Crashed: how a Decade of Financial Crisis changed the World
Reviewer: Ian Harwood
Crashed is a brilliantly original and assured analysis of what happened and how we were rescued from something even worse - but at a price which continues to undermine democracy across Europe and the United States.
People, Power and Profits:
Progressive Capitalism for an age of Discontent
Reviewer: Rosemary Connell
From Nobel Prize-winning economist and bestselling author Joseph Stiglitz, this account of the dangers of free market fundamentalism reveals what has gone so wrong, but also shows us a way out.
Inequalities in the UK:
New Discourses, Evolutions and Actions
Reviewer: Kevin Gardiner, member, Cardiff Capital Region City Deal Growth Partnership
The Bank of England and the Government Debt:
Operations in the Gilt‑Edged Market, 1928‑1972
Reviewer: John Shepperd, previously Economist, Mullens & Co
Drawing heavily on archival research, William A. Allen sheds light on little-known aspects of central-banking and monetary policy.
Currency, Credit and Crisis:
Central Banking in Ireland and Europe
Reviewer: William A Allen, NIESR
Drawing on his experiences as Governor of the Central Bank of Ireland and in research and policy work at the World Bank, Patrick Honohan offers a detailed analytical narrative of the origins of the crisis and of policy makers' conduct during its most fraught moments.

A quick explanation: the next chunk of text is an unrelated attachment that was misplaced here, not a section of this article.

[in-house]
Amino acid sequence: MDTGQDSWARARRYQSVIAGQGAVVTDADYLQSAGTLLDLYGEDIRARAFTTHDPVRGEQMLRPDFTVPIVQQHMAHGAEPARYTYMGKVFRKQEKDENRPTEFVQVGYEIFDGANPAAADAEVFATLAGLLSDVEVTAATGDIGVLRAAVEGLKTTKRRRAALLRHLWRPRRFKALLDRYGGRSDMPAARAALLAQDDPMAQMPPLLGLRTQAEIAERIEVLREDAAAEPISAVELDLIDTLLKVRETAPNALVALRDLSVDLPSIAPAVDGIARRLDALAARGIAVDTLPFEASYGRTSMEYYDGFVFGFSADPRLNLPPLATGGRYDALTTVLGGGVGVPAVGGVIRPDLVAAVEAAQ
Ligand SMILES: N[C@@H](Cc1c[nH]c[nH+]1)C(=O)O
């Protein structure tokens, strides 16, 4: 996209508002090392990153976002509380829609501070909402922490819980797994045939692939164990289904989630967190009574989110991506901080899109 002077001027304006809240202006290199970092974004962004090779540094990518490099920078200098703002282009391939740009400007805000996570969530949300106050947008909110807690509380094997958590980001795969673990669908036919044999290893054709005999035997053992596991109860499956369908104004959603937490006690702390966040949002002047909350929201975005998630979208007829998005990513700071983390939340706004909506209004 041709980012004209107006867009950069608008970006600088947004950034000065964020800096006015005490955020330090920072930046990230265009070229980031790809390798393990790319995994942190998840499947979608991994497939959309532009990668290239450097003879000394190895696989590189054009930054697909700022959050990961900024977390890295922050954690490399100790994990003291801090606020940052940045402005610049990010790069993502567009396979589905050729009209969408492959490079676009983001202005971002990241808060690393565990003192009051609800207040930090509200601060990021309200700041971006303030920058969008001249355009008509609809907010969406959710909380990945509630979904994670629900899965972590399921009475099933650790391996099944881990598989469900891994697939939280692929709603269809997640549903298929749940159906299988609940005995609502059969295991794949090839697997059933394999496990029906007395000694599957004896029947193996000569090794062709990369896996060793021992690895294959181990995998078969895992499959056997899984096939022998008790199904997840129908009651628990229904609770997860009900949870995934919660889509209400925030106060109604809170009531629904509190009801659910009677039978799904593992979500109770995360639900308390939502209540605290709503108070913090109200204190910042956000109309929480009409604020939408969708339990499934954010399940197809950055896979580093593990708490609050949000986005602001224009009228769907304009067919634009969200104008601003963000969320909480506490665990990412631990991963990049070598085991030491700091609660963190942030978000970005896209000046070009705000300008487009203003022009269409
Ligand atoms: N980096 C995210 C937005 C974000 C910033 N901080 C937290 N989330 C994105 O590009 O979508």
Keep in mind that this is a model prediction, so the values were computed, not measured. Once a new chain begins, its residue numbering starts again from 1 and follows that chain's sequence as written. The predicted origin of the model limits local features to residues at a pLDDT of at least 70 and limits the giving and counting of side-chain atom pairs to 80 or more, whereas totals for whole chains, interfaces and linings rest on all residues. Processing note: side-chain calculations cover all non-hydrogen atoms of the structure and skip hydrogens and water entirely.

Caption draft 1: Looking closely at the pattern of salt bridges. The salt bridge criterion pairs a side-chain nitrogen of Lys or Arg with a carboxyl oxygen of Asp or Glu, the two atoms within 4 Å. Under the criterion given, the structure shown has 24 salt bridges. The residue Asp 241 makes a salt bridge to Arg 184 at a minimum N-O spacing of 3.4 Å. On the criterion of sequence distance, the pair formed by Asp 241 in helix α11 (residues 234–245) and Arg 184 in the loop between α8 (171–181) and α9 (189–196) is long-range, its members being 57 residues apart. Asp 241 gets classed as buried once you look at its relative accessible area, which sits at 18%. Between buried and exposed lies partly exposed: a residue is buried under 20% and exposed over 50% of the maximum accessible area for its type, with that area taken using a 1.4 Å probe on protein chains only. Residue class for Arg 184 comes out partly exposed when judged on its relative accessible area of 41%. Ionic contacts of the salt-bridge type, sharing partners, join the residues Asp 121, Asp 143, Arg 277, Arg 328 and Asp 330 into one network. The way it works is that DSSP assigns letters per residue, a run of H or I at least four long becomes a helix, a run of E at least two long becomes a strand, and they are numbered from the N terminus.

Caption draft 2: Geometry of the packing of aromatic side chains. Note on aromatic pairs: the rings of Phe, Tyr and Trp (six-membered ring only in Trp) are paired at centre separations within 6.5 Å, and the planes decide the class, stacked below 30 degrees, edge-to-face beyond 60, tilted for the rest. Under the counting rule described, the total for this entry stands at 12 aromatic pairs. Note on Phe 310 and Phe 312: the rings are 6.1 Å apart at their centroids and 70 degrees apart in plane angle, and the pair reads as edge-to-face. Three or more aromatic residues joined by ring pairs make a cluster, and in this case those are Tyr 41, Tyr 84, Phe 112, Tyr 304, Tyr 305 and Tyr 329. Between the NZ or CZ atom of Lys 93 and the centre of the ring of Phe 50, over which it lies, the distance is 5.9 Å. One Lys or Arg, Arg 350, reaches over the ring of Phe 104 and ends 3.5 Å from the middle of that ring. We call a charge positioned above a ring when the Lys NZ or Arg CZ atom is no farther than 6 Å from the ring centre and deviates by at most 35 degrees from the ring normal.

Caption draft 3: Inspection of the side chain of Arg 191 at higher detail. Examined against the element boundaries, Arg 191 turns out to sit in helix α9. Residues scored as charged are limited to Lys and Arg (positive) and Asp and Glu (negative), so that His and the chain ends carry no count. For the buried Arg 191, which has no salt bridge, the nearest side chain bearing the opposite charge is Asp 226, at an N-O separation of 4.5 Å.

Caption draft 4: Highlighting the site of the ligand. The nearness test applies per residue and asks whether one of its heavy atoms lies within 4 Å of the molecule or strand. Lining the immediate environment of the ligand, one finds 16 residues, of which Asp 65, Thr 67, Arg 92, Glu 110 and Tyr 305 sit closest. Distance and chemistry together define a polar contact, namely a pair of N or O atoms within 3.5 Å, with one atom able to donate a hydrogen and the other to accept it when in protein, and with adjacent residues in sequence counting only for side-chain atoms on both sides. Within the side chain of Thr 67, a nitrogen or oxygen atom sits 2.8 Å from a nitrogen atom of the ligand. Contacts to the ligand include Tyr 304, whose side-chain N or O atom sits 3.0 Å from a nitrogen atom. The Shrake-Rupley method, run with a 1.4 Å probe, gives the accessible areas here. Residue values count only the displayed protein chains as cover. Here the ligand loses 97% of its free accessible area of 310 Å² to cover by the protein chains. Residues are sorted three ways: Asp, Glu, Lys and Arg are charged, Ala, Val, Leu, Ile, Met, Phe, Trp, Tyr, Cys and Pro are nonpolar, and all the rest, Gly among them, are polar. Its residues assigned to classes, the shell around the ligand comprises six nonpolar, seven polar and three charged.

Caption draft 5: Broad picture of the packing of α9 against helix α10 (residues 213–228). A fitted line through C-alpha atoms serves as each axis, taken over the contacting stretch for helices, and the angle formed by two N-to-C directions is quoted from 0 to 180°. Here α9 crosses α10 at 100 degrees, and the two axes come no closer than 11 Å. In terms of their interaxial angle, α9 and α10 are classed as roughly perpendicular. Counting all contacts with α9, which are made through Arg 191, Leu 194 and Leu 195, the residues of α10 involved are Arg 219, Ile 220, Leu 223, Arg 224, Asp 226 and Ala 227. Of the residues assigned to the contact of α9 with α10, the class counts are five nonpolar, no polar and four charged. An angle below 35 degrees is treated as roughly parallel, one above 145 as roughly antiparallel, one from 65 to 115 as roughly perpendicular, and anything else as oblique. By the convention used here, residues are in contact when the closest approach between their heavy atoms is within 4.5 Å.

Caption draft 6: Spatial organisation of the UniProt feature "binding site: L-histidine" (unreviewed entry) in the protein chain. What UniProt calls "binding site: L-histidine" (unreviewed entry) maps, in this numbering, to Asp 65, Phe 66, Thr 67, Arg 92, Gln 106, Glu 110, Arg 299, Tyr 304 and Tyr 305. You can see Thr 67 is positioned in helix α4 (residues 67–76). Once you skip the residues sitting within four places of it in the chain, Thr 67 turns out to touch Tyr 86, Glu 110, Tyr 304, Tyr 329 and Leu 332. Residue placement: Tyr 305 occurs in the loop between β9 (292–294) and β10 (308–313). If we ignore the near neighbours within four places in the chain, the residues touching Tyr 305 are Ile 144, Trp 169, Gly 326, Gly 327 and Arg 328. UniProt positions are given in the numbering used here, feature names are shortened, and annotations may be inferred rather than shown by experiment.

Are Chief Executives Overpaid?
Reviewer: Dame Kate Barker, Chairman, British Coal Staff Superannuation Scheme
In this hard-hitting book, Deborah Hargreaves explains why pay for the top 0.1% has sky-rocketed in the past 20 years.
The Art of Statistics:
Learning from Data
Reviewer: Bridget Rosewell, Volterra Partners
In The Art of Statistics, David Spiegelhalter guides the reader through the essential principles we need in order to derive knowledge from data.
The Cost‑Benefit Revolution
Reviewer: Jonah P Adaun
Why policies should be based on careful consideration of their costs and benefits rather than on intuition, popular opinion, interest groups, and anecdotes. Opinions on government policies vary widely. Some people feel passionately about the child obesity epidemic and support government regulation of sugary drinks. Others argue that people should be able to eat and drink whatever they like. Some people are alarmed about climate change and favor aggressive government intervention. Others don't feel the need for any sort of climate regulation. In The Cost-Benefit Revolution, Cass Sunstein argues our major disagreements really involve facts, not values
Federal Central Banks
A comparison of the US Federal Reserve and the European Central Bank
Reviewer: James Smith, Director of Research, Resolution Foundation
Federal Central Banks is a unique study that critically examines the role and impact of central banks in federal and confederal political systems.
Imaginaries, Narratives, and Calculation in the Economy
Reviewer: William A Allen, Visitor, National Institute of Economic & Social Research
Uncertain Futures considers how economic actors visualize the future and decide how to act in conditions of radical uncertainty. It starts from the premise that dynamic capitalist economies are characterized by relentless innovation and novelty and hence exhibit an indeterminacy that cannot be reduced to measurable risk. The organizing question then becomes how economic actors form expectations and make decisions despite the uncertainty they face.